Connect with us

Cannabis

Former Coors CEO turned cannabis player says “virtually all“ big alcohol companies aiming at MJ sector — Part 1

Published

on

cannabis

(FinancialPress) — A former big alcohol high-level exec has transitioned into the cannabis space. Torsten Kuenzlen has quite the history, having participated in the ranks of Coca-Cola and Molson Coors. His impressive resume and knowledge of the markets make him lean towards one uncomfortable truth: alcohol companies should be cautious about the wave of marijuana legalization.

Kuenzlen believes that legal mj holds an evident competitive advantage over alcoholic beverages: “All alcohol is consumed only as a liquid. Cannabis meets more consumer needs and motivations in the way that it’s consumed.” He also added that it won‘t be long until we see cannabis companies being the ones acquiring alcohol makers.

He was recently appointed as CEO of Sundial Growers, a Canadian cannabis company. His vision is turning the company into “the Coca-Cola of cannabis“.

Kuenzlen was recently interviewed to discuss an array of topics:

On marijuana being a threat to the alcohol industry:

“Clearly there is going to be access to a recreational alternative for adult use. There can be no doubt about it.

When you look at the size of the opportunity, the profit pool for cannabis is as big as the entire alcohol industry in three to five years. “

On the edge cannabis has over alcohol products:

“Interestingly, all alcohol is consumed only as a liquid.

Cannabis has the advantage over alcohol in that it meets more consumer needs and motivations in the way that it’s consumed.

Alcohol companies need to think about how to turn that into an opportunity rather than a threat.

Constellation’s approach was a good one. They made a seed investment (in Canopy Growth) to learn more about cannabis and figure out where there will be synergies – and there’s no doubt there will be synergies between cannabis and alcohol businesses.“

On synergy between the industries:

“There are needs and motivations of consumers that are similar between alcohol and cannabis. But cannabis accesses motivation and needs that alcohol can’t go after.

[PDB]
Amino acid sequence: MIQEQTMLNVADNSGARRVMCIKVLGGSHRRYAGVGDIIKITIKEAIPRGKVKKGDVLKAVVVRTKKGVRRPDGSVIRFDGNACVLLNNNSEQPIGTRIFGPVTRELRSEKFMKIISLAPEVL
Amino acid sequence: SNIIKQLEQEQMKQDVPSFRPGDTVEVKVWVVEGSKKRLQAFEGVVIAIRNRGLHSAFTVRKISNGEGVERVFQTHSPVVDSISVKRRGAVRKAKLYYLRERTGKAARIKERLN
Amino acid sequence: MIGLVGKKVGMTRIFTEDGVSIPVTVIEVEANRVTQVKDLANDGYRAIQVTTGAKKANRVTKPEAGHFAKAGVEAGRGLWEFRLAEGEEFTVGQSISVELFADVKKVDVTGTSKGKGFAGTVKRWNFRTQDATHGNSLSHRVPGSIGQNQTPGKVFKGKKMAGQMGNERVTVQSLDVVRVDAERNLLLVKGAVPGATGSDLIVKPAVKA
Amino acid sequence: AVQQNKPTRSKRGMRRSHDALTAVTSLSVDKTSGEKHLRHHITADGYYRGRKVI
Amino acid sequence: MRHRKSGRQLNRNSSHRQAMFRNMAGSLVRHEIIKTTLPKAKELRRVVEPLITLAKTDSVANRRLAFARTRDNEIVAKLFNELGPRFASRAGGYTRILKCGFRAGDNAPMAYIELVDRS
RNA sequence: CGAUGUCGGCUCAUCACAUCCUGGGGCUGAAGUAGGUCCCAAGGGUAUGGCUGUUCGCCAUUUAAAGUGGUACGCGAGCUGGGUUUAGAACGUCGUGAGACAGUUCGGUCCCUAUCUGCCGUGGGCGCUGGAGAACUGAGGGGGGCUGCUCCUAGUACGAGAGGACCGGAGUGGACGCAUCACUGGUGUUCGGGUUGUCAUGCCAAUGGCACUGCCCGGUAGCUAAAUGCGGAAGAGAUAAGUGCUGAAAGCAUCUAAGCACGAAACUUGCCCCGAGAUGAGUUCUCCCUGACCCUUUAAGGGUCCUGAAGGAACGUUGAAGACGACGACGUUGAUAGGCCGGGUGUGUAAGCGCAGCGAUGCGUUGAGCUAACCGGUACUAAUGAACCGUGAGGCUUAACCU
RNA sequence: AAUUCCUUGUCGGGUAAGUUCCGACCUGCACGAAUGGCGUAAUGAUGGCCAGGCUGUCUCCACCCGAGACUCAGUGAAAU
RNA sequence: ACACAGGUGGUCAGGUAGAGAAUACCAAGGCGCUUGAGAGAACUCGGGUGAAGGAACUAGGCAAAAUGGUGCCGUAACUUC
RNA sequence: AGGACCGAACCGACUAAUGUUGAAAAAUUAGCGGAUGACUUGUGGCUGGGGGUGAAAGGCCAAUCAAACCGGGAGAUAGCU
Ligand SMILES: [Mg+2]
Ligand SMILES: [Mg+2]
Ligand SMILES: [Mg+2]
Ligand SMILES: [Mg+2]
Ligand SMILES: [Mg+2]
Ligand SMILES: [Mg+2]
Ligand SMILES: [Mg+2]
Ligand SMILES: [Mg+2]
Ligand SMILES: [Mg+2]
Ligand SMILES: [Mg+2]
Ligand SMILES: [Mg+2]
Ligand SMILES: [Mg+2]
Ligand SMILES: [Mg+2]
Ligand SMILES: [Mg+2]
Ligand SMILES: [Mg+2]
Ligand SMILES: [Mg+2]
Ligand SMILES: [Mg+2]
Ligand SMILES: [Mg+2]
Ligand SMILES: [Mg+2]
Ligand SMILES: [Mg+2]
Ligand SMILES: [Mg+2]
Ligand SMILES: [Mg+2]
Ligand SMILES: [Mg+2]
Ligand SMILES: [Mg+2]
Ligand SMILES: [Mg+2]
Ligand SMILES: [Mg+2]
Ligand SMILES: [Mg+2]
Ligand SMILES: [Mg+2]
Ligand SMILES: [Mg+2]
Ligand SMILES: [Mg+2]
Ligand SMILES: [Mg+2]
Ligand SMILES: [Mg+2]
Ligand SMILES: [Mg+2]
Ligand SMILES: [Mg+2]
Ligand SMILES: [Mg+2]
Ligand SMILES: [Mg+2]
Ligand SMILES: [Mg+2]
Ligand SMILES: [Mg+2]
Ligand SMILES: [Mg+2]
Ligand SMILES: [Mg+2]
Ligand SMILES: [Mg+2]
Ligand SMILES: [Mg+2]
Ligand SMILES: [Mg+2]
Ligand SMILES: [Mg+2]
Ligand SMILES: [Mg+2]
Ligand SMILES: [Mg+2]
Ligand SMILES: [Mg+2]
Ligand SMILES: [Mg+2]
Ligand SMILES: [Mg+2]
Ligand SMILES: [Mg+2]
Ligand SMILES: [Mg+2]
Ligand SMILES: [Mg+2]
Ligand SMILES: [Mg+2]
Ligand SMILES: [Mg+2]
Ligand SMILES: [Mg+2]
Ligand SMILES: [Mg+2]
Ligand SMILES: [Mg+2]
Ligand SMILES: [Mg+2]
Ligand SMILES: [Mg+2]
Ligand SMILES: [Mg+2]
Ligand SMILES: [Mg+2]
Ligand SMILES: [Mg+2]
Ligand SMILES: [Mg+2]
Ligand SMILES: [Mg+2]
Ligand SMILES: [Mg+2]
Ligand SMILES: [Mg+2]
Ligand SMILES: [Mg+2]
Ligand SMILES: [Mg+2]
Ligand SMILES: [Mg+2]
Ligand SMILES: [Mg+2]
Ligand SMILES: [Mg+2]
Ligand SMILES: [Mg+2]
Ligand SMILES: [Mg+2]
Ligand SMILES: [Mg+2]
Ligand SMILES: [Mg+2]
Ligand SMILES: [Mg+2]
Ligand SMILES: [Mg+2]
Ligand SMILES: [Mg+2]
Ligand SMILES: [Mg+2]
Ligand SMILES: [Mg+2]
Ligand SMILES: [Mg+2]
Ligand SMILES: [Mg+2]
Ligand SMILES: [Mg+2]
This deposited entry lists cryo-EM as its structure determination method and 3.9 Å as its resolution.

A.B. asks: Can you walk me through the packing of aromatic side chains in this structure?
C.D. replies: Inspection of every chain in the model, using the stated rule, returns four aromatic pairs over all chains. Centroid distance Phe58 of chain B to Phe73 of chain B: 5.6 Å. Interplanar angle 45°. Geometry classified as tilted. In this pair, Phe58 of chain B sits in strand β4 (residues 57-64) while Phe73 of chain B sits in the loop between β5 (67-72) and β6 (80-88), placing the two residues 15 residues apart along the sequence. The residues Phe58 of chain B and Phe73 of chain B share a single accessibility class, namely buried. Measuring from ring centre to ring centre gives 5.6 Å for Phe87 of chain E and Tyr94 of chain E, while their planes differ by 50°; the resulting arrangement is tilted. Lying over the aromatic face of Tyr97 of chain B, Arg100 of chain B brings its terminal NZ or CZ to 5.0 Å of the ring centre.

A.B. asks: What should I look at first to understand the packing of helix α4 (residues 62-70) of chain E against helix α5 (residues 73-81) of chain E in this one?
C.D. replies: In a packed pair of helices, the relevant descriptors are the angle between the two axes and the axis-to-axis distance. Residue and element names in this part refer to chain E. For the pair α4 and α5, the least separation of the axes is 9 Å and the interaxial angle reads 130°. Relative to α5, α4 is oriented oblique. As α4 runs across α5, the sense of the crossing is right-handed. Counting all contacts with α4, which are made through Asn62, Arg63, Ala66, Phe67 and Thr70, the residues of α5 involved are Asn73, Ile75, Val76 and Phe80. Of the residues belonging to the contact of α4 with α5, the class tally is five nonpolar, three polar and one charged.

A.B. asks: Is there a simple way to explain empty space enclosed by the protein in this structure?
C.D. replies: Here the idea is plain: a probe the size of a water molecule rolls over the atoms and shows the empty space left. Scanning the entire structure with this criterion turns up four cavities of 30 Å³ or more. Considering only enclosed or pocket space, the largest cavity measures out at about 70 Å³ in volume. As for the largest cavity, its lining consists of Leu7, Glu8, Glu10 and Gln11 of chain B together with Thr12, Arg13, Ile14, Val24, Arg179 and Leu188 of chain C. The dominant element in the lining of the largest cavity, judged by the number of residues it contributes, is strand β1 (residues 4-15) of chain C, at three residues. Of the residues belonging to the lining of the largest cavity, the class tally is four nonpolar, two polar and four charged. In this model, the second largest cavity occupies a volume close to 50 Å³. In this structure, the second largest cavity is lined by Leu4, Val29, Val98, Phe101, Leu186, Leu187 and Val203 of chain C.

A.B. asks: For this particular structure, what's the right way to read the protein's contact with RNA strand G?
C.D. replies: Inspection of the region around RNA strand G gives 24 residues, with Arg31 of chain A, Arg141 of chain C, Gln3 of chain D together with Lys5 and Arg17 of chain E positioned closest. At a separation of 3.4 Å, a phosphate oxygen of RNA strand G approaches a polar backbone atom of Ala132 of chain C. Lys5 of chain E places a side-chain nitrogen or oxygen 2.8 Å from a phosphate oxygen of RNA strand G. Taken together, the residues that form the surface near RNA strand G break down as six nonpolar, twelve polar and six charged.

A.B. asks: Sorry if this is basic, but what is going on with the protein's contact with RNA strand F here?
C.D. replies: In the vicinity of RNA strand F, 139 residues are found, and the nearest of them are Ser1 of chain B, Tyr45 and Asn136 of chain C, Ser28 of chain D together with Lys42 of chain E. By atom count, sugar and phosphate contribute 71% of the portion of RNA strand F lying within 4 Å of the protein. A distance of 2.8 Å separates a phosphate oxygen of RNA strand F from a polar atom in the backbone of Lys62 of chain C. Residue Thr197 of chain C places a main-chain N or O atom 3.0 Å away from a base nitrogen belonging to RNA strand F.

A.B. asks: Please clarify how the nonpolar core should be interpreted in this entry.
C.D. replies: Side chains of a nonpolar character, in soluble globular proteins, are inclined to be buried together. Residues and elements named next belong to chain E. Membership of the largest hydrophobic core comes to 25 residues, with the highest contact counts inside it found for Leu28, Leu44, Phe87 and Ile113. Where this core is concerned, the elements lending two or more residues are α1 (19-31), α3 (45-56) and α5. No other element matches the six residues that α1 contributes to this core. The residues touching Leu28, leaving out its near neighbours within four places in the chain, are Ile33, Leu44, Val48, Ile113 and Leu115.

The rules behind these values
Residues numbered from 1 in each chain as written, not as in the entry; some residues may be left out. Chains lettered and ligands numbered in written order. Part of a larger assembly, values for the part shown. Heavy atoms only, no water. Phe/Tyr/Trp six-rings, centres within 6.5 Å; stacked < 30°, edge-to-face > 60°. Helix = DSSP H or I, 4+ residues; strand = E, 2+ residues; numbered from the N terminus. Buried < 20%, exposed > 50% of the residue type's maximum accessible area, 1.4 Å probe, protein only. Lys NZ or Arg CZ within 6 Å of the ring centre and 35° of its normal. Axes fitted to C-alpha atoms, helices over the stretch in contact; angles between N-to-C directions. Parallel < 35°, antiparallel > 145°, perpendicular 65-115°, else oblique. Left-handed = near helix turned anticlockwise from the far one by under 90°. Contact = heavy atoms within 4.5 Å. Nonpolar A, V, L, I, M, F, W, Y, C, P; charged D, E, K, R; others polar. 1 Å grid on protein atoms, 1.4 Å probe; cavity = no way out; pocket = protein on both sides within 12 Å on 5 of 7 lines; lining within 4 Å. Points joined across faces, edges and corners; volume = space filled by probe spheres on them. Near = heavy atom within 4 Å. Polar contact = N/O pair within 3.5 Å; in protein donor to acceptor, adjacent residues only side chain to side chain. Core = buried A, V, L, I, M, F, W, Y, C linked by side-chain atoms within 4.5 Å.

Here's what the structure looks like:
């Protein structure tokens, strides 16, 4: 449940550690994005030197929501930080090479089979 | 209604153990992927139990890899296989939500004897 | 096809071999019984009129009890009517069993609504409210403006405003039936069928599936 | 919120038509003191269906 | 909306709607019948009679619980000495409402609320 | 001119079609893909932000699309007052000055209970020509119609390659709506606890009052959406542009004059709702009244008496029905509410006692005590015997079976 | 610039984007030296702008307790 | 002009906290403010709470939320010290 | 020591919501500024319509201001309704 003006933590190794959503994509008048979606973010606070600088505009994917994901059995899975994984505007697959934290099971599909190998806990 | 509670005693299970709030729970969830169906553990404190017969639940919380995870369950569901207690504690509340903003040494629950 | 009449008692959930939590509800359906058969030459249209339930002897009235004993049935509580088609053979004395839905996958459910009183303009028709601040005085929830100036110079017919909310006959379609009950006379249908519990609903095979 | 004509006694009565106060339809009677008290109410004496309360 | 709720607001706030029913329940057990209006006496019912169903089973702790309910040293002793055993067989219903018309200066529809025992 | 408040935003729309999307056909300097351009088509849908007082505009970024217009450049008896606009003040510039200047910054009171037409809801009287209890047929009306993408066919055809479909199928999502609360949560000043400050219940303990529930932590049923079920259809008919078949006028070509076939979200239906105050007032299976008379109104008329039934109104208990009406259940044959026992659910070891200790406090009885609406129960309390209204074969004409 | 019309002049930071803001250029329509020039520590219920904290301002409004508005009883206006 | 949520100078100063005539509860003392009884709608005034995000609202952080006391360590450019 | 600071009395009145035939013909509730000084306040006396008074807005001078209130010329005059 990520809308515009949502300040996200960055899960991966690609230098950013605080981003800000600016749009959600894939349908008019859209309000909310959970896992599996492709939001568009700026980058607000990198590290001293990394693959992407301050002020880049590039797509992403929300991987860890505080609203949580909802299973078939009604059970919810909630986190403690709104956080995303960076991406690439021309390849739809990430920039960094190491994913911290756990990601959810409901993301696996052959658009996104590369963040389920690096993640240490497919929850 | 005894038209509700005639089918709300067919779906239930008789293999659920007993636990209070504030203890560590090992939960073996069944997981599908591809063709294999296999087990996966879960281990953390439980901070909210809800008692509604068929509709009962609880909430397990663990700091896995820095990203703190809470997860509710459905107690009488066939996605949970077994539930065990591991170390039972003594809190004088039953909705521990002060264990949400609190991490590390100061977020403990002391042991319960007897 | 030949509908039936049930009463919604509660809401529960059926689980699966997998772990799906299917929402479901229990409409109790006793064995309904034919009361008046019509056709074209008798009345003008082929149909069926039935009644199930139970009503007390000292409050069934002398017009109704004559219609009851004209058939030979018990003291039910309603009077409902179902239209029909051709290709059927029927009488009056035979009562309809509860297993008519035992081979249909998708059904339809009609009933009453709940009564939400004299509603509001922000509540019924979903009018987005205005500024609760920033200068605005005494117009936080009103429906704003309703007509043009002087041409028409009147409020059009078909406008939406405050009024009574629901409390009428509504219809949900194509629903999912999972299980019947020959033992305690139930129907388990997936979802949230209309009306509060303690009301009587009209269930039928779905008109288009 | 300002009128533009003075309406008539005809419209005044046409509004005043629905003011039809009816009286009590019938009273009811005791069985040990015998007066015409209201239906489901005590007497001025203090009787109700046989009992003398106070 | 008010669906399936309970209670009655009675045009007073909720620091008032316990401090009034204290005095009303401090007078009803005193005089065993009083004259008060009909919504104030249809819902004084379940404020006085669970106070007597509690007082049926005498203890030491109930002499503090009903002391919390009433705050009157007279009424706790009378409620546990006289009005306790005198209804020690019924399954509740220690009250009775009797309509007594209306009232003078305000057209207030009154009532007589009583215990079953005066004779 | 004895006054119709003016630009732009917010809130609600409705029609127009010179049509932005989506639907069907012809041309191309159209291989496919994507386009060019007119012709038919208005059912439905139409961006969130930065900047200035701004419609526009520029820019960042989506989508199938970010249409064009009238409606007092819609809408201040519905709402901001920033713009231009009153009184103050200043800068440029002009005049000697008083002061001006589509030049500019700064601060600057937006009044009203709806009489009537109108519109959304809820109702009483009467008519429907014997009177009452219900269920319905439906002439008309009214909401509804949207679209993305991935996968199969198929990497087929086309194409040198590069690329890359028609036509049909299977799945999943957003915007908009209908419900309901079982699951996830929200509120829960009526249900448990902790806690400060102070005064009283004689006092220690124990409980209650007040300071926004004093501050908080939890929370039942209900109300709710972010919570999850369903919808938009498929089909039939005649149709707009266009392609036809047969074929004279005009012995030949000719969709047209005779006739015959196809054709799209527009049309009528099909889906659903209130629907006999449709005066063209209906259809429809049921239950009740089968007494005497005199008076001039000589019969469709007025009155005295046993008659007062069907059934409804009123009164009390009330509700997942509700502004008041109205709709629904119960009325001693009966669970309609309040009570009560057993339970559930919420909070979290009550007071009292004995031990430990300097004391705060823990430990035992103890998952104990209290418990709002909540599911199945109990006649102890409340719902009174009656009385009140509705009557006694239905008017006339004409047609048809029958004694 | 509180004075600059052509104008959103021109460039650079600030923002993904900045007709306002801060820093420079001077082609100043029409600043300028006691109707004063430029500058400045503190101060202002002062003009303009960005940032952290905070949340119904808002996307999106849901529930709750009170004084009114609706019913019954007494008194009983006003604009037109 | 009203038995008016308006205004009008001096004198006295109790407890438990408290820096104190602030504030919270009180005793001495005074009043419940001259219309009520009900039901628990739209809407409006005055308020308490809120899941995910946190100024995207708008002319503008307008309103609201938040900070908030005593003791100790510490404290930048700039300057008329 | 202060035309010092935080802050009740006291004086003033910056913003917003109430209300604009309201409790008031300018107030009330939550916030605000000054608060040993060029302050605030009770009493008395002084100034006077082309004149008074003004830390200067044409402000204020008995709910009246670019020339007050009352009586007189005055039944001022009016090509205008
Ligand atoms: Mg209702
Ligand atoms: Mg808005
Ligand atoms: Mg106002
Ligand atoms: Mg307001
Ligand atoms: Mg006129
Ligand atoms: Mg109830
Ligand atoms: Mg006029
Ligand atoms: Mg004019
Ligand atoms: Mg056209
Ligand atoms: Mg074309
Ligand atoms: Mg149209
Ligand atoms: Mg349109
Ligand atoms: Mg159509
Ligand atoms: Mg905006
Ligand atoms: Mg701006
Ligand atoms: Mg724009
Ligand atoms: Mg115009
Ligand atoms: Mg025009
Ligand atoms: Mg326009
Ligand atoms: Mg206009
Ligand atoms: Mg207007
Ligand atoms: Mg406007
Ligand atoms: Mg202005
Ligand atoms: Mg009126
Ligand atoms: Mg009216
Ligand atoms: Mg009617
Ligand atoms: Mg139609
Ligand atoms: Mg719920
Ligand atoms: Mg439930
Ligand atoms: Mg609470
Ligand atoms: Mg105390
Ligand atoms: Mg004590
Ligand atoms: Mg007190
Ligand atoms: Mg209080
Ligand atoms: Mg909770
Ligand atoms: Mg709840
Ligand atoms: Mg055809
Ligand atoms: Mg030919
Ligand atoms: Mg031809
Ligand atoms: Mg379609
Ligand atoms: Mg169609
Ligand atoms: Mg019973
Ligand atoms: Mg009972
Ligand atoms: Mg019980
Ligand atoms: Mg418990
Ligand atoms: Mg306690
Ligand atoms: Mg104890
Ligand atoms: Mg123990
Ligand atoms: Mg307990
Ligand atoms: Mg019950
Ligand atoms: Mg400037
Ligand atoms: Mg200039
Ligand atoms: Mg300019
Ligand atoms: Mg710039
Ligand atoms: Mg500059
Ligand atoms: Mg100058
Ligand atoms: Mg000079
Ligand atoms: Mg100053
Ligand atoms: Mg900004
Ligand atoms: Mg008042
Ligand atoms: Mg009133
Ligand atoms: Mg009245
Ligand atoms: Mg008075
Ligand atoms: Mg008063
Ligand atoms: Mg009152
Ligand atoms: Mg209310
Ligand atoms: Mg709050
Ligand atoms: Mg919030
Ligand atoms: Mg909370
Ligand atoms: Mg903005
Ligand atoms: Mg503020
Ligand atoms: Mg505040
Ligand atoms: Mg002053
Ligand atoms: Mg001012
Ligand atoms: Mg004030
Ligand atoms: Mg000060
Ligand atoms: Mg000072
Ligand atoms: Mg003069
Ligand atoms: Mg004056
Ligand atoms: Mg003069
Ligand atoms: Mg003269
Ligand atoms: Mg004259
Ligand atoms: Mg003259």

The synergies are a larger pool of opportunities to meet more consumer needs than alcohol alone can.

They both work with the provincial liquor board (in Canada), so there is potential there.

As we look at the emerging retail landscape, there’s some customers who will be in both the alcohol and cannabis industry. So there’s synergy there to leverage those relationships.a“

 

 

 

Breaking

Canada, it‘s official: legal cannabis set for October

Published

on

(FinancialPress) — Canada‘s Prime Minister, Justin Trudeau, has officialized the date for countrywide legalization of marijuana. Starting on October 17th, Canadians legal cannabis will be the norm for commercialization and consumption.

Trudeau‘s revelation ended months of mystery over which would be the specific date in which the new policy would come into effect. Initially slated for July 1, the bill encountered several last-minute oppositions that led to its enactment being delayed further.

He had originally promised 8 to 12 weeks for businesses, provinces and municipalities to set the framework to receive the legalization. The new date gives them 17 weeks.

The polemic Bill C-45, which regulates how legalization of recreational weed will occur, was passed in its final vote this week. While some congressmen declared it a “historic“ event, many others were cautious about all the work left to be done after a major public policy overhaul.

Now, the bill awaits royal assent; which should happen in a few days‘ time at most. However, that will not effectively enact the new policy immediately, but is rather another step in that direction.

What we know

Provinces and territories have full jurisdiction over where and how legal cannabis products can be commercialized. This has led to an array of private, licensed and government-run stores and facilities across the country.